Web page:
My Review: Yes. This book is the Boom! A great mystery and suspense wrapped up in an idyllic island setting. All the drama, the suspects, who had motive, and more. I wasn’t sure who killed Jake but when I read the word “foxglove” I knew who killed Bert. As a nurse, foxglove is medicinal heart medication, when use appropriately and checking the patient’s heart rate before giving a tablet. It’s also poisonous in larger amounts. Toss in a bit of narcissistic behavior from one or two characters and mental illness in another and the drama ensues. Five stars for this book!
Thank you for looking at my art pieces for today. As always, they can be found in my online art gallery here.
Editing freaks a lot of people out. Drafting is creative and inspirational, and every writer LIVES for that moment when you get into the groove and the words just flow. But editing is kind of the opposite. It’s analytical, with a rigid set of rules that have to be followed. I think this is why […]Want a Stronger Manuscript? Read It Aloud – by Becca Puglisi… — Chris The Story Reading Ape’s Blog
Enjoy. I love sharing these on my blog along with books I’ve read and author interviews. As always, my gallery is found here.
From Amazon: Gifted sleuth Page Wright’s inner world is anything but ordinary, yet her outer world craves a revamp from her mountain bookshop’s continuing demands. A summer escape to her beloved cottage on Shell Isle with cousin Betsy Ross always promised fun and relaxation…until this latest holiday. Two constants exist that Page can’t escape: Betsy’s spicy culinary fiascos she’s obliged to chase with endless antacids, and the special guidance she receives from ‘inklings’ when her sleuthing gifts are needed. While the ever-curious Page and Betsy savor lunch at the Bistro, the sleuth observes a cryptic exchange between her la-di-da neighbor, Catherine Lange, and a seedy-looking guy sitting a few feet away. Their words travel across the café’s table on a paper napkin. However, it’s the pistol passed under the table that awakens Page’s first inkling that unknown forces are conspiring to muck-up her and Betsy’s carefree sojourn. The cousins witness subsequent sightings of Catherine, dripping in her canary diamond jewelry and making ominous threats to five people in her inner circle. On alert now that trouble lurks, Page must entice an always reluctant Betsy to help when the nudge comes to act, knowing time is pressing.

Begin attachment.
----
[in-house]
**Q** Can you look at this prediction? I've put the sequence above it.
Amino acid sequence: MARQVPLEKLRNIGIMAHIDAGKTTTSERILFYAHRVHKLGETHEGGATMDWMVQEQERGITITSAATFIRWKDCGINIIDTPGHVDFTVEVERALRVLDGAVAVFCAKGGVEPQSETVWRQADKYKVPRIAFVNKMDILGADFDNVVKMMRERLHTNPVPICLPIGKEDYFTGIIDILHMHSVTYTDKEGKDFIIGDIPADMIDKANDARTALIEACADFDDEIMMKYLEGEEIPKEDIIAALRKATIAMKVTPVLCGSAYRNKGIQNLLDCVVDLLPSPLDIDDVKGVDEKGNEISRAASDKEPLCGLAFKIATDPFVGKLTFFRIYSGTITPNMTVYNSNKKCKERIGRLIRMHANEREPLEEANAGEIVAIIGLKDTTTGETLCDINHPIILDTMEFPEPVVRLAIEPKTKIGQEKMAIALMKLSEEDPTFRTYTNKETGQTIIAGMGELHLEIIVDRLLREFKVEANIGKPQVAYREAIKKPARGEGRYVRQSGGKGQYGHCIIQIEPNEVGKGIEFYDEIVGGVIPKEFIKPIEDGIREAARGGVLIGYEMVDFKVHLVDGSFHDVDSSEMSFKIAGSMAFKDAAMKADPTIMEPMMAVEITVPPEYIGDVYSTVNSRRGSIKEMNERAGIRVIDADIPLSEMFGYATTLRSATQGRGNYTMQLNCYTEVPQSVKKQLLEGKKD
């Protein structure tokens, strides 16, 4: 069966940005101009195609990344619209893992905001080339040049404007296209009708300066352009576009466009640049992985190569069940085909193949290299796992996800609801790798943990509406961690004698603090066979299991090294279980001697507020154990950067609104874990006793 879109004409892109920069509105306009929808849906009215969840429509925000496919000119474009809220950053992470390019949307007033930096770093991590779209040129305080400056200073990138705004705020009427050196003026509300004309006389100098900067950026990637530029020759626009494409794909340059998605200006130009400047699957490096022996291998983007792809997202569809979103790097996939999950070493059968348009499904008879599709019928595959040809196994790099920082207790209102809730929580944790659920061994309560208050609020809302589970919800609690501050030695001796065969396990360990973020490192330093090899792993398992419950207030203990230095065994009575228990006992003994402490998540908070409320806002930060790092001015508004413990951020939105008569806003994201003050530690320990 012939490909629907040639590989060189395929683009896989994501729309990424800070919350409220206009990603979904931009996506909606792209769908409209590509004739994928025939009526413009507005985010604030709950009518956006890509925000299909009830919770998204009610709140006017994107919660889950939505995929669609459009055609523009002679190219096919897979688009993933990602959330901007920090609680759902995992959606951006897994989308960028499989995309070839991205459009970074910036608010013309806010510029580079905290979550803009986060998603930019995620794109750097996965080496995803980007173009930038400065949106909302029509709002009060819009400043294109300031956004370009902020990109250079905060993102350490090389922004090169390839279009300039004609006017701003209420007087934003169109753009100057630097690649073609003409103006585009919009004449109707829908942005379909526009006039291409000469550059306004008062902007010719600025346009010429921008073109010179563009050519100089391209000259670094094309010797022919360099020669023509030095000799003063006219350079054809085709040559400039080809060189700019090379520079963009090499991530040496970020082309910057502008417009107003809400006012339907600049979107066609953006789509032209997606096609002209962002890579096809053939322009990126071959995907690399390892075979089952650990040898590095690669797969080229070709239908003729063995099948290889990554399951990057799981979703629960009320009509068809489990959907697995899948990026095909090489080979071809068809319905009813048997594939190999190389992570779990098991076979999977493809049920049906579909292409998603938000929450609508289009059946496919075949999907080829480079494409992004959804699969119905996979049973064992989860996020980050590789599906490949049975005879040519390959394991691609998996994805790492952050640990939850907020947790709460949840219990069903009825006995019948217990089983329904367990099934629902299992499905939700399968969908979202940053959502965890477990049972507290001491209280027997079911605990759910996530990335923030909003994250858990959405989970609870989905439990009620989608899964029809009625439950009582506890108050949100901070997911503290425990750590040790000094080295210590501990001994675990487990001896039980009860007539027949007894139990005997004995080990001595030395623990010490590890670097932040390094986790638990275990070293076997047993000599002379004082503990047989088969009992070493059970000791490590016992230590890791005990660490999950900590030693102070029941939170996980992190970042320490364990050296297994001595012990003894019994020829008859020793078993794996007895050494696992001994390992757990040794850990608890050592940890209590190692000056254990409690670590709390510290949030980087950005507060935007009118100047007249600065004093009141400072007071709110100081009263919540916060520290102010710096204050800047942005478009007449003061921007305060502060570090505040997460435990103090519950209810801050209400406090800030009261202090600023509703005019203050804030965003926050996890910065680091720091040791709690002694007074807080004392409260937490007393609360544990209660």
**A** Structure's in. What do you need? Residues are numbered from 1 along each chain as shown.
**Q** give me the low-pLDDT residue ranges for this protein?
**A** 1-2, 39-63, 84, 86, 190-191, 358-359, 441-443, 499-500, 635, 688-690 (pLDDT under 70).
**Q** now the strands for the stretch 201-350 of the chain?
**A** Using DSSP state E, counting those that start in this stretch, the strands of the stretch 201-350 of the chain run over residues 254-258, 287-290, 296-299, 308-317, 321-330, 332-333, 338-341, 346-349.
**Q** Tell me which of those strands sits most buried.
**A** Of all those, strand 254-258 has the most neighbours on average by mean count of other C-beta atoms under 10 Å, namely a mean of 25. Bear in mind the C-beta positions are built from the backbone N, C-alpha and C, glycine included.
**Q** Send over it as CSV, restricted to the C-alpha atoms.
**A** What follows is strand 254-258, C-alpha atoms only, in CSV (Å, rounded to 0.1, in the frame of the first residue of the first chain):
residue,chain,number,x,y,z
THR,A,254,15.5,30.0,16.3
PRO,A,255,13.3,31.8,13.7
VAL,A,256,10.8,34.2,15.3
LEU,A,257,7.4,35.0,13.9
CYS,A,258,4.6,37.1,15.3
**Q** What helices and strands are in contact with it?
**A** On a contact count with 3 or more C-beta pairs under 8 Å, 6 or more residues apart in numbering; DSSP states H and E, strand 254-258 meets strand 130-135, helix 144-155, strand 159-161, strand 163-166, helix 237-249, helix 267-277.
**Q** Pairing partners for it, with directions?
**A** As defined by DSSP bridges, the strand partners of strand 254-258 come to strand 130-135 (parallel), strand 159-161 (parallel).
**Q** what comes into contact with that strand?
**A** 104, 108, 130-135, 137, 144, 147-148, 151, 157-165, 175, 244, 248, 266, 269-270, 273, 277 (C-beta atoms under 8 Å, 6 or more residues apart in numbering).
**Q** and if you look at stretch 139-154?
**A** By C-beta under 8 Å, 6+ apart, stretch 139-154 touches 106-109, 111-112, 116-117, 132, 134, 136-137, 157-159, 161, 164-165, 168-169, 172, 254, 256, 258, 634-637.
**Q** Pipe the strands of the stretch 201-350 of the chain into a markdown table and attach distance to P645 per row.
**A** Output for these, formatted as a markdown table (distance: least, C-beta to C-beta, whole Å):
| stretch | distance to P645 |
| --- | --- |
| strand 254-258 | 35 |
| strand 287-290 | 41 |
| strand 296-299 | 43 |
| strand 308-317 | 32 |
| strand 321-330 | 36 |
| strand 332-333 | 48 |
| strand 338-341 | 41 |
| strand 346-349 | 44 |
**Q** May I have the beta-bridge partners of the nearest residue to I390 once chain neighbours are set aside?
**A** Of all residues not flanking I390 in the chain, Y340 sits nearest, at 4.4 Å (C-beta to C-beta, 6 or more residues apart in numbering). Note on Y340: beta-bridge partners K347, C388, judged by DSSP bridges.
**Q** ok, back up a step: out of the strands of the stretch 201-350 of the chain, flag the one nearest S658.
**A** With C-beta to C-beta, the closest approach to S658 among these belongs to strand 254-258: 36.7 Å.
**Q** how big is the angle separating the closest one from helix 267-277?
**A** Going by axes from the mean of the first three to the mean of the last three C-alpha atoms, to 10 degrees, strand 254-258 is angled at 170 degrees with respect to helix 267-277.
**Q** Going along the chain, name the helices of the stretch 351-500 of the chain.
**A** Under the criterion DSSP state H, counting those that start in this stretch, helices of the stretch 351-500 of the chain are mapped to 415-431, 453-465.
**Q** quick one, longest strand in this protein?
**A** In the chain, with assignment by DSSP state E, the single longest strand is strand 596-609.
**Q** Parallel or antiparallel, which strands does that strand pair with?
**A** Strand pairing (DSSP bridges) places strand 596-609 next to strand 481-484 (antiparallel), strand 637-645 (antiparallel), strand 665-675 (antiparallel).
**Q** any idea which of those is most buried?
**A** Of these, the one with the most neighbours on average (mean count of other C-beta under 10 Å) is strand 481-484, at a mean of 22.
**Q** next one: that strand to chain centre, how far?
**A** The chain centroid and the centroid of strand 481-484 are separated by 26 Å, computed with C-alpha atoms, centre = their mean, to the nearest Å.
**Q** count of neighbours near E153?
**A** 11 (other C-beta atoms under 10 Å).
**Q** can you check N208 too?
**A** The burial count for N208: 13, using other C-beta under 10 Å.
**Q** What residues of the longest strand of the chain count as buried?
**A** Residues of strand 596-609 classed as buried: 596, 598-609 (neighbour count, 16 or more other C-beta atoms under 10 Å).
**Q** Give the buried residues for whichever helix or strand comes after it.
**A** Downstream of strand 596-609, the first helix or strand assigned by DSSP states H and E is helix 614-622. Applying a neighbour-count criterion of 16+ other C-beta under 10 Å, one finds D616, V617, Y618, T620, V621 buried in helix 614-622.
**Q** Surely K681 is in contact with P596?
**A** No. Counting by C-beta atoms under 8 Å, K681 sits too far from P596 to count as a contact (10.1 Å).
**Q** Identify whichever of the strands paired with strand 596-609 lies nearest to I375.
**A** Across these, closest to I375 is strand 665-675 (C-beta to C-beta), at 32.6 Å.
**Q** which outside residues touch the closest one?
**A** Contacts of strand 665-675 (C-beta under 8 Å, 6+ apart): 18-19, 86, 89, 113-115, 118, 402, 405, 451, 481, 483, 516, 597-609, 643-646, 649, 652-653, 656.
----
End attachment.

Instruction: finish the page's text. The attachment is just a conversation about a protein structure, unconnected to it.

My Review: Baubles to Die For! Wow. Where do I start???? How do I not giveaway the story? Two cousins travel to Shell Isle for a vacation at their dead aunt’s gifted home to Betsy. The local is gorgeous. Page seems to find her way into mysteries and murders rather I intuitively. The man in the cottage next door works for the FBI. Mayhem ensues, thefts occur, and a woman is murdered. The story is tightly woven and I couldn’t figure out the main culprit until the end. Five stars!
on Just Publishing Advice: When do you use a comma before which? The answer is easy. Yes. You use a comma when the word which introduces a nonrestrictive phrase, which is also called a non-defining clause. No. You don’t add a comma when which comes before a restrictive or defining clause. No. There is no […]Don’t Let The Comma Before Which Confuse You – by Derek Haines… — Chris The Story Reading Ape’s Blog
I hope you enjoy today’s selections. gallery is found here.
by George Yuhasz
From Amazon: On a night when the sky is full of stars, sometimes there appears light that cannot be explained, even by the smartest astronomers… Evelyn is a little girl who lives with her parents and brother in a house with a big backyard. On nights when the sky is filled with brightly shining stars, she loves to go outside before bed to see the Milky Way and the Big Dipper and dream about the planets. But Evelyn has a secret: She is able to see flashes of light streaking across the night sky that no one else can see. And she’ll soon learn that her secret is actually a wonderful gift!
My Review: What a wonderful story for children. The illustrations are lovely and the word count is perfect in line with children learning how to use their imagination. Samples of a little girl and her imaginations are delightful and helps readers expand their own imaginations. Children are encouraged to reach for the stars themselves. Five stars.
Thank you for looking at my selections for today. All art pieces can be found at my gallery here.
I love you more than the wind loves to blow.
I love you more than the rivers love to flow.
So please ask me how much I will love you today,
And, Sweet Baby, I will always have this to say,
I love you more,
I love you more,
I love you more.
My Review: This book is enchanting with the drawings and the rhymes of the story. I tell my own son all the time, “I love you more” or “I love you big bunches” on the phone or by text. Children need to know they are loved. This story enables that. Five stars.